Oh my, I might from at this point be the most unpopular person. But, we had a goat "Trouble" who was my children's best friend until our Hespahic field workers decided he would be a great "celebration." Ok folks, you can say or do want you want with my input however that was over 20 years ago and it is still a big deal to my family

                      1. re: amazing grace

                        Oh that is so sad, Grace! I can certainly understand. In fact, something similar happened to my Mom (a devoted animal lover and vegetarian) who had a pet squirrel that she found as an injured baby and nursed back to health for about a year. Because it was wartime and meat was extremely scarce, a neighbour snatched her squirrel for dinner. To this day, she can't talk about it without crying.

                        But, I digress from the topic of this thread...

                    1. re: Luvfriedokra

                      Living near Montreal, I've always seen goat being sold but mostly in ethnic markets (Caribbean, Italian, Far East, etc).
                      I frequently drive over the border to upstate NY and recently began seeing goat in the likes of PriceChopper and Hannaford, mainstream chain groceries.
                      I always figured upstate NY to be quite conservative with strictly beef and pork consumers (OK, perhaps a narrow view). But this emergence of goat got me thinking...theres not much in the way of ethnic markets in these parts, so the groceries are either catering to a segment of customers, or are offering goat as a cheaper alternative to beef (the goat there is relatively inexpensive).
                      Either way, its good to see diversity.

                      1. re: porker

                        Pretty much the same in north west England - goat has always been around in Caribbean/Asian outlets but recently it's available at a local farmers market - meat and cheese. It hasnt yet made it to our main supermarkets and I think it unlikely it will considering our lamb consumption.

                        My brother in law orginates from Mallorca where it is a quite common meat. In fact, he shoots mountain goat when he goes home and tells me that it is legal to do so as ownership cannot be proved. I think he lies and is just poaching. I love this just plain roasted - like a leg or shoulder of lamb but much stronger in taste.

                        1. re: Harters

                          You say that the roasted goat leg/shoulder is stronger in taste than lamb? Is this because the goats are more mature when they're slaughtered in your region?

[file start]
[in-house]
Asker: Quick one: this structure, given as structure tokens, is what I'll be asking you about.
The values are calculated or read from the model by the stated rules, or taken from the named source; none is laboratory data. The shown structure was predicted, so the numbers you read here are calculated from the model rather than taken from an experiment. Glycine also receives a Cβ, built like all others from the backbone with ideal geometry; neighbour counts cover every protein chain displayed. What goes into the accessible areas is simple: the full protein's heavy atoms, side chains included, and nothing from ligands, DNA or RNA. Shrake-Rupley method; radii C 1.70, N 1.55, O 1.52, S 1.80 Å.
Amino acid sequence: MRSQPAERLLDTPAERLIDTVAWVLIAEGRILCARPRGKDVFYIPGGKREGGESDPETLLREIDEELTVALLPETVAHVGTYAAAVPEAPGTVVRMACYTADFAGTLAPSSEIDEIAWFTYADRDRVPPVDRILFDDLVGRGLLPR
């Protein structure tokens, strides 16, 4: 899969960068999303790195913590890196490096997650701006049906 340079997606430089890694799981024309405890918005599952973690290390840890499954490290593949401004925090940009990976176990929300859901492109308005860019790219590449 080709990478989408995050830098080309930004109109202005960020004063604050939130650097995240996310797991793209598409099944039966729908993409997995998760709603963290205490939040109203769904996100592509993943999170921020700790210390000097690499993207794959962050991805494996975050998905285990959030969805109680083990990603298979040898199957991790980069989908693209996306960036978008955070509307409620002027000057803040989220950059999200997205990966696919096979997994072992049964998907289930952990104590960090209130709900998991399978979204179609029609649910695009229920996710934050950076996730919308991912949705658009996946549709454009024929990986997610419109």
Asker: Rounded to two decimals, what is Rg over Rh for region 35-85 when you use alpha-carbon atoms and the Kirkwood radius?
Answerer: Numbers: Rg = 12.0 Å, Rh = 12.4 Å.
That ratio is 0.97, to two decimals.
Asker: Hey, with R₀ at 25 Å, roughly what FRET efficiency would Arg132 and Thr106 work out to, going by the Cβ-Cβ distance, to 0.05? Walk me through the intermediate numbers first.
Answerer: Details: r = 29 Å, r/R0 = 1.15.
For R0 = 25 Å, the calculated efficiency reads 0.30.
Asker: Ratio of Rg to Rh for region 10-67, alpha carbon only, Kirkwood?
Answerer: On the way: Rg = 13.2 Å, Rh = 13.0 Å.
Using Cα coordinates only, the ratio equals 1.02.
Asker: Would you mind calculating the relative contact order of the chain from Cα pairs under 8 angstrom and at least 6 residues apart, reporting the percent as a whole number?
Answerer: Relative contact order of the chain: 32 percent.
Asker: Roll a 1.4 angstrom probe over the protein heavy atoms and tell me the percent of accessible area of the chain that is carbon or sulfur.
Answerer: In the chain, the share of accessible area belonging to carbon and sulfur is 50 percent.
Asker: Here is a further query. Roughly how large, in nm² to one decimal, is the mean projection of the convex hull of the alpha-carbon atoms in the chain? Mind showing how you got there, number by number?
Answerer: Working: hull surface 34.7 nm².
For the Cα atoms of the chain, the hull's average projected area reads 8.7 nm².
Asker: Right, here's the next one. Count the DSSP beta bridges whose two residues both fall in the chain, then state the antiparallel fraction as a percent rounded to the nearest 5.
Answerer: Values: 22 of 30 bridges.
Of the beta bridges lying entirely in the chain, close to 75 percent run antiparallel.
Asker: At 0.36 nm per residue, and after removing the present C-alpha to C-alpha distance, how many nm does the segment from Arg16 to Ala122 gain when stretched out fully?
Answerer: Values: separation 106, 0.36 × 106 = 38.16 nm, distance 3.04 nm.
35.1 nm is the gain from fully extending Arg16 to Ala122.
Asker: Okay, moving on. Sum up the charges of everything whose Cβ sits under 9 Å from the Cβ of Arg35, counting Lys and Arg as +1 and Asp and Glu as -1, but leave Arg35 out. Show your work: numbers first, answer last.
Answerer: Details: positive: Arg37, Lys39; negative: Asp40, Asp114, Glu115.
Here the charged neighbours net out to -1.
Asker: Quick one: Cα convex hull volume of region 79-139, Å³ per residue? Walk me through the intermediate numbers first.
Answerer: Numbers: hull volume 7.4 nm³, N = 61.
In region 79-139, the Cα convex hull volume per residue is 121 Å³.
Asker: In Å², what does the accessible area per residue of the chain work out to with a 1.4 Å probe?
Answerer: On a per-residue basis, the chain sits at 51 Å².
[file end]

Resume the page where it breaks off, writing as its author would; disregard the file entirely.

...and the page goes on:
When researching online about goat, I read that goat in North America are much milder in taste because they haven't matured fully. This would explain why the goat I bought didn't have any strong, gamey flavours -- in fact it was far milder than lamb. My hubby and kids won't eat lamb because they don't like the "smell" but they had no problem with the goat I just made.

                          1. re: DishyDiva

                            I'm not so sure if it's about maturity as opposed to their raising.

                            The goats in Mallorca are mountain animals so might be expected tp have developed taste from what they eat and their "general life". Goat in the UK tends to be lowland farmed so, whilst it's likely to be free-range, it's probably had a softer life - if you see what I mean. Also, if the brother in law goes out and shoots a goat, he doesnt know how old it is so, it may well be that I'm eating older animals (although I'd say pretty much the same about restaurant goat in Spain)

                            Lamb is a similar example. We still import quite a bit from New Zealand (a legacy of the colonial heritage) but this is generally now only available frozen. It has a mild flavour (so I don't buy it), in comparison with our local hill-bred sheep. Local is also the only way to buy mutton - which is generally my favourite, but it wouldnt suit folk who find ordinary young lamb too strong a taste (or just a taste they don't like.

                            J

                  2. Thanks for this thread... I just picked up a few legs of chevon from my CSA on a whim and am exploring ideas.

                    3 Replies
                    1. re: EJC

                      Hey EJC,

                      Please update us later...tell us where your goat explorations take you!

                      1. re: DishyDiva

                        I definitely will. Looks like we may have a party next week where I do a roasted goat leg (subbing my typical lamb recipe), a braised leg, and maybe a jerk goat leg.

                        I'm kind of excited!

                        1. re: EJC

                          Good luck!

                          Don't forget, the goat is somewhat leaner than lamb and might be stringier than you'd expect so you may need to adjust your recipe and prep accordingly.